Which are the best internal medicine residency programs in the U.S.? Now prospective hospitalists—about a third of whom will complete their residency training in internal medicine—have an answer.
Although a formal ranking system for postgraduate medical training programs doesn't exist, a new survey commissioned by U.S. News & World Report gives some idea about what programs are most popular among physicians.
The survey asked physicians who completed their internal medicine residency in the U.S. to name up to five programs they believe offer the best clinical training.
Four programs: Massachusetts General Hospital in Boston, Johns Hopkins University in Baltimore, Boston’s Brigham and Women’s Hospital, and the University of California San Francisco Medical Center (UCSF) each received almost twice as many nominations as any other program.
Out of more than 9,000 submitted nominations, the top three hospital-based apprenticeship programs each received at least 600 nods: Massachusetts General Hospital (732), Johns Hopkins (696), and Brigham and Women’s (600). UCSF received 579 nominations. Likewise, 20 other internal medicine programs each received between 100 to 300 nominations.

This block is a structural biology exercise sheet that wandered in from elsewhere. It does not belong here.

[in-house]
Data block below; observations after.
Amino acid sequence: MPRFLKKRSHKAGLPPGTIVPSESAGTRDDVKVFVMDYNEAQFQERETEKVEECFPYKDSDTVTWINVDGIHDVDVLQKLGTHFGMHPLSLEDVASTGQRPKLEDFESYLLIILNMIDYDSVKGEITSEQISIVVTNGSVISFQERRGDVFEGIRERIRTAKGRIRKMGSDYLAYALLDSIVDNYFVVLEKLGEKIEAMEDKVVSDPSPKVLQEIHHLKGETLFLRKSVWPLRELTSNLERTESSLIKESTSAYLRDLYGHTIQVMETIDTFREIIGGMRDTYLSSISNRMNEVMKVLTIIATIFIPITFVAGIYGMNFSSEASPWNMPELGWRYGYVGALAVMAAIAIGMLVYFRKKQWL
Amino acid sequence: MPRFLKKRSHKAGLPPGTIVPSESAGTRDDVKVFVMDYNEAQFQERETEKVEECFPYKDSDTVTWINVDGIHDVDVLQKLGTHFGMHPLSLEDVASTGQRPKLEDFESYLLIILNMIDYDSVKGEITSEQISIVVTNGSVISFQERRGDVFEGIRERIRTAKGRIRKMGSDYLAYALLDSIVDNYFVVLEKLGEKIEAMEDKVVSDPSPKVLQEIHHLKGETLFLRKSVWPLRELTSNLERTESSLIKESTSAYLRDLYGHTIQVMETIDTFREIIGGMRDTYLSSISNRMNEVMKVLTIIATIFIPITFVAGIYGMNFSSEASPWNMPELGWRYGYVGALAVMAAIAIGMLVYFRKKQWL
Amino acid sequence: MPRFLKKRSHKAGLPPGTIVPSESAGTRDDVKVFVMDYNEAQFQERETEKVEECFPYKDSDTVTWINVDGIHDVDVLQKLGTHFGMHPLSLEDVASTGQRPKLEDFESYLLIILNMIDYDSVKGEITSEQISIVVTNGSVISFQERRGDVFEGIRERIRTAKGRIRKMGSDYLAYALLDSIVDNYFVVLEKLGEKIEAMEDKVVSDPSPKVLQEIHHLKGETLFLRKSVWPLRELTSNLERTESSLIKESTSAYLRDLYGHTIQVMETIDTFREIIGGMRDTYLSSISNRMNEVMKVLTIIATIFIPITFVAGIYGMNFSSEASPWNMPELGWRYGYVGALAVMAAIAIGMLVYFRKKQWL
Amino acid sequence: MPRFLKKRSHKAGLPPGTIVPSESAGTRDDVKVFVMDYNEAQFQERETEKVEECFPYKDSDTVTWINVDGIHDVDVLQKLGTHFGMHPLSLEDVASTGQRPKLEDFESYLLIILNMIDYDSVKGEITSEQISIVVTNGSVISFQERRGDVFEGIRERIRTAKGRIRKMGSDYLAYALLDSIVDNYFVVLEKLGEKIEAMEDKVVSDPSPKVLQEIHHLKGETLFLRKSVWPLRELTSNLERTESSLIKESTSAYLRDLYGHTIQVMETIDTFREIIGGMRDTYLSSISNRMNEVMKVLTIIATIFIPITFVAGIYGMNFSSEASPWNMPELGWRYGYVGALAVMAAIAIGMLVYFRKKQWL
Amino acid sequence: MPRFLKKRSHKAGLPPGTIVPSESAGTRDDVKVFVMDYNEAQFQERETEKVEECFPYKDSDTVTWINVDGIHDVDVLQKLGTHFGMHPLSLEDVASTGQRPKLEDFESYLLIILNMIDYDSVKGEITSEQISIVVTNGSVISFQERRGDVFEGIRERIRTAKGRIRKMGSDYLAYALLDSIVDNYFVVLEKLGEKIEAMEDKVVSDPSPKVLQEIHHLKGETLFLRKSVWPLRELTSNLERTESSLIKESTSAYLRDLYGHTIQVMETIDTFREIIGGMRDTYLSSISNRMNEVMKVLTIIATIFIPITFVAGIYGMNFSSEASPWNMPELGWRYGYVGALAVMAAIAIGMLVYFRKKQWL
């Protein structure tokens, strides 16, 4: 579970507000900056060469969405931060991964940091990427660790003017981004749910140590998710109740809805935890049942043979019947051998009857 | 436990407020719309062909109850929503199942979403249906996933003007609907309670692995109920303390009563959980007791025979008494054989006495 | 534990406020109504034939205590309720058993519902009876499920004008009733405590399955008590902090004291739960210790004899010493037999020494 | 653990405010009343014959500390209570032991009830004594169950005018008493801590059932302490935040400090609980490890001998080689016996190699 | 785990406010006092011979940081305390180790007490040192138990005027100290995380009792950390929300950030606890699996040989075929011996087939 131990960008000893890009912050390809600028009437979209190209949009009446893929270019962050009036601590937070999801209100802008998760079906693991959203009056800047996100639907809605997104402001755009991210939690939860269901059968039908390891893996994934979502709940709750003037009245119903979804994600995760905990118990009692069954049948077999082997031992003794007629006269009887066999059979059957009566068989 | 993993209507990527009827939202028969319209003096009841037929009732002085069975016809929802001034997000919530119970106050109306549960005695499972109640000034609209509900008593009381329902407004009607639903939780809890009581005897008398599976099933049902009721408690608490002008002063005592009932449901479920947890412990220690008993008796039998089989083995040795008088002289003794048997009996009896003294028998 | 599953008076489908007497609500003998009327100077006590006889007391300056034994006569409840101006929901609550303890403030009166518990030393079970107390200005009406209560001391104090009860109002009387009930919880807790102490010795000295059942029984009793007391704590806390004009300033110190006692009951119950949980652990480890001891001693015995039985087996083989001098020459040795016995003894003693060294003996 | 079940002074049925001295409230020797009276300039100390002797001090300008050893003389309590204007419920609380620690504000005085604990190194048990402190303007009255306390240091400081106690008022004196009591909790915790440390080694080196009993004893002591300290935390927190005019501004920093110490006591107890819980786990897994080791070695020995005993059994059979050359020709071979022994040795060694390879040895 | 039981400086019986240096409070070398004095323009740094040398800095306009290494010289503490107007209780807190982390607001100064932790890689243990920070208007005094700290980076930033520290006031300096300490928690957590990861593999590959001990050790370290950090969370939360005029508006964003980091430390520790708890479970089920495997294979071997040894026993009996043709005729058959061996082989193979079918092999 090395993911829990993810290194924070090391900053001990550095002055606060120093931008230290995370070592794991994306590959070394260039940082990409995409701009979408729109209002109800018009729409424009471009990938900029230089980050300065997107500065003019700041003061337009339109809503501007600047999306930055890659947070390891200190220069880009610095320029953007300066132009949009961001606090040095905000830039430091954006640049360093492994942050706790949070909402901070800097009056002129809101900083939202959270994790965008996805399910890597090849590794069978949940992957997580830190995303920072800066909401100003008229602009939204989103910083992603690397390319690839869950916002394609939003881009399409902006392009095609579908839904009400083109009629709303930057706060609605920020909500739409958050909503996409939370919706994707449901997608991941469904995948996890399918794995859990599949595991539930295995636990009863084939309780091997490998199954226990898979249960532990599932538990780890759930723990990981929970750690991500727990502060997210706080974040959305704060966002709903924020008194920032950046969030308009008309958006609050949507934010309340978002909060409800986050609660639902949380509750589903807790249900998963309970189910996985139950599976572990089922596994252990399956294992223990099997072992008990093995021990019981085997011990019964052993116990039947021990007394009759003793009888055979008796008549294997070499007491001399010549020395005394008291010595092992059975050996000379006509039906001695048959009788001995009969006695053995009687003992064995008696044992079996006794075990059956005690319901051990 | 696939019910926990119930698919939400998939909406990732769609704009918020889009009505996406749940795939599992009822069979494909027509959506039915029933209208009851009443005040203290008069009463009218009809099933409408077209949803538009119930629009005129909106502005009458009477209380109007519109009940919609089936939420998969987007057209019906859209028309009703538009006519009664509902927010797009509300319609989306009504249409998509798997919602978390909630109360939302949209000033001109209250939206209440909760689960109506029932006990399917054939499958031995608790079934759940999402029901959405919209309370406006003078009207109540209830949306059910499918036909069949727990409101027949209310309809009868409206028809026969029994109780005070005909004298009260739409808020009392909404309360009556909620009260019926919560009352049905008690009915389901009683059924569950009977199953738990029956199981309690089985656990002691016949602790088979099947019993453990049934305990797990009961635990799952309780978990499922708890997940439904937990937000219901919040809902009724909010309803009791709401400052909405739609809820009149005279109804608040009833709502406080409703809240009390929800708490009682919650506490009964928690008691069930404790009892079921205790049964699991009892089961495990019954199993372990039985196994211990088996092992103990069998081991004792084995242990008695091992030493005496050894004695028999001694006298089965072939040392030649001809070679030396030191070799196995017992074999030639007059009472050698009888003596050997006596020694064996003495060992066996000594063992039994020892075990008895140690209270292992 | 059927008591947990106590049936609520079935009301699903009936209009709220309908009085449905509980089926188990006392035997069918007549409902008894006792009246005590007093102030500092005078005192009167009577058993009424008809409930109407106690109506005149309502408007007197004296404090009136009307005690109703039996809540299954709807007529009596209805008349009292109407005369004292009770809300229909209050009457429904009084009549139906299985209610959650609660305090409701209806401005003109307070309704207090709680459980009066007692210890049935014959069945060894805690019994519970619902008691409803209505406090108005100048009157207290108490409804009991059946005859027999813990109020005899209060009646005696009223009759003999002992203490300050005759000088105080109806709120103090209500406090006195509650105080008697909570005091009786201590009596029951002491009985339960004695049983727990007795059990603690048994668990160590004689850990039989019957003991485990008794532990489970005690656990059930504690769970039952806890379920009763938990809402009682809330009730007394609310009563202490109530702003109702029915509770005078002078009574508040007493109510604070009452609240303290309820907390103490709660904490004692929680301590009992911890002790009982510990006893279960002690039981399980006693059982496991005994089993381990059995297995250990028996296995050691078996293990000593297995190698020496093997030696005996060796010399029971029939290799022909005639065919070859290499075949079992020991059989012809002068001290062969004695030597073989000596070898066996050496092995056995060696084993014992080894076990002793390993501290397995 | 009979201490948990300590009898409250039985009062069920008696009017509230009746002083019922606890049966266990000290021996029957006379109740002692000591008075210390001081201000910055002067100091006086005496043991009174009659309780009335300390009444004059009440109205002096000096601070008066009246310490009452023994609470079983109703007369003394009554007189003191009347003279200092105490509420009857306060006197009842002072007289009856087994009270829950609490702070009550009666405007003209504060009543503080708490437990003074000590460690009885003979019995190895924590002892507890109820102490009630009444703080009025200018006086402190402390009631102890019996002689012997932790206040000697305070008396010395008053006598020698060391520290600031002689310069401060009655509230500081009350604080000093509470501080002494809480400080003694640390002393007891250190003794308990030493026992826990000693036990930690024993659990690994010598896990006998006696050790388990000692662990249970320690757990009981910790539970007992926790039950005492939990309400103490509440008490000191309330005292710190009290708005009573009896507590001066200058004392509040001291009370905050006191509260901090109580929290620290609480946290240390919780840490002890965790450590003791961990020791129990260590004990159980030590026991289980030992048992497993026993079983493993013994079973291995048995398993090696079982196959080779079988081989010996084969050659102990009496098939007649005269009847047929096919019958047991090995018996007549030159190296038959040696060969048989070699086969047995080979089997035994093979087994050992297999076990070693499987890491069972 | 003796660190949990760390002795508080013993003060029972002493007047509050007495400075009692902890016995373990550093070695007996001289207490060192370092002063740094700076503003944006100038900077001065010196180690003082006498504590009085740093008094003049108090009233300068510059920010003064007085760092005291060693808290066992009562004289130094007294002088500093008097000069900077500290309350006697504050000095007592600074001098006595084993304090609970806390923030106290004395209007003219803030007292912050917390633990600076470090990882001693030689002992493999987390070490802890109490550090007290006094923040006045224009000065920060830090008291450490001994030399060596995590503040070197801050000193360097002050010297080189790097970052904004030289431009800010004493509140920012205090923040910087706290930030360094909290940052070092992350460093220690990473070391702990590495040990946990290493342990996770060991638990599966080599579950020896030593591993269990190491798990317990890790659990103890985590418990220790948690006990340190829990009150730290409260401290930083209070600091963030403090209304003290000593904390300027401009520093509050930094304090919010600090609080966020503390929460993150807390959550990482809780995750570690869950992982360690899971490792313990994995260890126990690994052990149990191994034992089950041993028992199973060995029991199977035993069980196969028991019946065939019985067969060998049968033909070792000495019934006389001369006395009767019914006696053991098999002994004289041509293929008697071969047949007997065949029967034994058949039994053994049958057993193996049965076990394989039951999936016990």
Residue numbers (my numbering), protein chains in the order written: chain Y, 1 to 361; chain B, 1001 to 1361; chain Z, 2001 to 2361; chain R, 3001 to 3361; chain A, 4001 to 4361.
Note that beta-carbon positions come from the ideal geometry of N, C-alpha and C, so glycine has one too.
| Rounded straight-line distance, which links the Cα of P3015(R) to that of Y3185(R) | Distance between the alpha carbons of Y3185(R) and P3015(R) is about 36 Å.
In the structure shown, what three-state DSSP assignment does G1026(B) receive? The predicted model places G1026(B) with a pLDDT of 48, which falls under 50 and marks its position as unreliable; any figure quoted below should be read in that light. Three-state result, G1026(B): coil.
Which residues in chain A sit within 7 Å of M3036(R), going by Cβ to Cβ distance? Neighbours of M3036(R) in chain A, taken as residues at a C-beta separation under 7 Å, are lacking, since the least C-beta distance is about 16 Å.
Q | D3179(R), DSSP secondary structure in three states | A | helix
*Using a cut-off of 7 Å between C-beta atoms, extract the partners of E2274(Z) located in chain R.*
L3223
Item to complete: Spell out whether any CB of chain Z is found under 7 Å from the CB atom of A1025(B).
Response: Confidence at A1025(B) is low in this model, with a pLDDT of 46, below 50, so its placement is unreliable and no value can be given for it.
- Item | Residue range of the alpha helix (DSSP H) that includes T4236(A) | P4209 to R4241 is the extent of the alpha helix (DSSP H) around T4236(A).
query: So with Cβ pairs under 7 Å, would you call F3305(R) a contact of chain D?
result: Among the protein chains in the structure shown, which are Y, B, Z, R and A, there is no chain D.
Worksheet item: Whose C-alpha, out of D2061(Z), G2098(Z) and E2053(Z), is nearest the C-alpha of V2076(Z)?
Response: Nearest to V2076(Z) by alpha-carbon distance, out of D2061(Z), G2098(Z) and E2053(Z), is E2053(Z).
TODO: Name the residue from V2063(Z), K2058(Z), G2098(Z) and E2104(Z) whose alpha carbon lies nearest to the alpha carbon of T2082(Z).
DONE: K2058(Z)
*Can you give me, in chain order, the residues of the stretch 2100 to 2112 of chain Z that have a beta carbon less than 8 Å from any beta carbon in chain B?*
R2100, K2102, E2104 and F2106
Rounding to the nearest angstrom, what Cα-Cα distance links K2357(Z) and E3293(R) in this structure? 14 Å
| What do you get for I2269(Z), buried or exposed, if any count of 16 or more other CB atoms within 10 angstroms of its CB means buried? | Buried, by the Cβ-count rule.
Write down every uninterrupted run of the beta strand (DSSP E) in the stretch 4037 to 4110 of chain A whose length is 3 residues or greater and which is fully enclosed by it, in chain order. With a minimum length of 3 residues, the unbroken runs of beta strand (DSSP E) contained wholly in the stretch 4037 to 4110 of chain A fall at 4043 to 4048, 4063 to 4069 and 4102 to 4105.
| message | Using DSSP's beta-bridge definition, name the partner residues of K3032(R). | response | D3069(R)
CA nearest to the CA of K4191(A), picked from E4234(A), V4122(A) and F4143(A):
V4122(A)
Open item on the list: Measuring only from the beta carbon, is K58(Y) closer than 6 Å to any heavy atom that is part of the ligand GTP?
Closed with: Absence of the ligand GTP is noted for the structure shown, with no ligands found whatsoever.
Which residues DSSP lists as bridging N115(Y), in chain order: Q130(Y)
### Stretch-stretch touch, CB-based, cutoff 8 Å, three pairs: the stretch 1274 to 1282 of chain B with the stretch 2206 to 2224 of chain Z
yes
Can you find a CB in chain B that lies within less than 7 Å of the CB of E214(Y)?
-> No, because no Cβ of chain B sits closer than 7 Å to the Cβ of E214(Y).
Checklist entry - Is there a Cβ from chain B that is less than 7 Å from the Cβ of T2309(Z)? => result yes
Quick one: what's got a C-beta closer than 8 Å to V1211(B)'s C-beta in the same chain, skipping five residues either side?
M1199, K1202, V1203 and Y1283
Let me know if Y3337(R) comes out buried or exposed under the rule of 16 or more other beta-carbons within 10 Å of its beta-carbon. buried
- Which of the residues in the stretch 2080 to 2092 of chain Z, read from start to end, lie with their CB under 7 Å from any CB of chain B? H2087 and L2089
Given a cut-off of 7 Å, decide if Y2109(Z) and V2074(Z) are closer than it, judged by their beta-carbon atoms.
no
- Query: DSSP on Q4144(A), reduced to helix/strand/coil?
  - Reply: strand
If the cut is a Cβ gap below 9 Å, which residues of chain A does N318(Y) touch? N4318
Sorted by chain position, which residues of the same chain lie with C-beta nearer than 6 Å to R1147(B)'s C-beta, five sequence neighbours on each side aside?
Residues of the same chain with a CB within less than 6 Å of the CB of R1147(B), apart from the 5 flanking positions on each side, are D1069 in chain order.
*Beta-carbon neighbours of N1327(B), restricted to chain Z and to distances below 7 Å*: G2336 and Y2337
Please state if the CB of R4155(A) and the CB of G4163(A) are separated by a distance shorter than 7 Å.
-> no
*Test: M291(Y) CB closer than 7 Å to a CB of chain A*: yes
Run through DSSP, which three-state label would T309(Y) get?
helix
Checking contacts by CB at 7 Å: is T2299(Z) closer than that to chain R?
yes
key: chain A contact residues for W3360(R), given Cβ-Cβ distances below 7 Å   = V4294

In a separate analysis that looked at the survey responses of general internists as a subgroup—as opposed to subspecialists who completed an internal medicine residency—UCSF received the most nominations (201) of any program.
Harry Hollander, MD, director of UCSF’s internal medicine residency program, says the positive feedback likely “reflects the strong tradition of general internal medicine training here, the prominence of both outstanding ambulatory internists and hospitalists on our faculty, and the accomplishments and reputation of our graduates who have pursued either generalist or subspecialty careers in internal medicine.”
Dr. Hollander noted that the Accreditation Council for Graduate Medical Education plans to introduce a new accreditation system that would, in theory, make the comparison of residency program metrics more transparent.
“However, no matter how much objective data exist, gut feeling and intuition about the place, the people, and the culture will always remain a key part of students choosing the right residency program for them,” he says.
Doximity, an online social network for physicians, conducted the survey through a combination of web notifications and emails sent to 18,695 members. A total of 3,410 physicians responded to the survey, which ran from last December through February 10.
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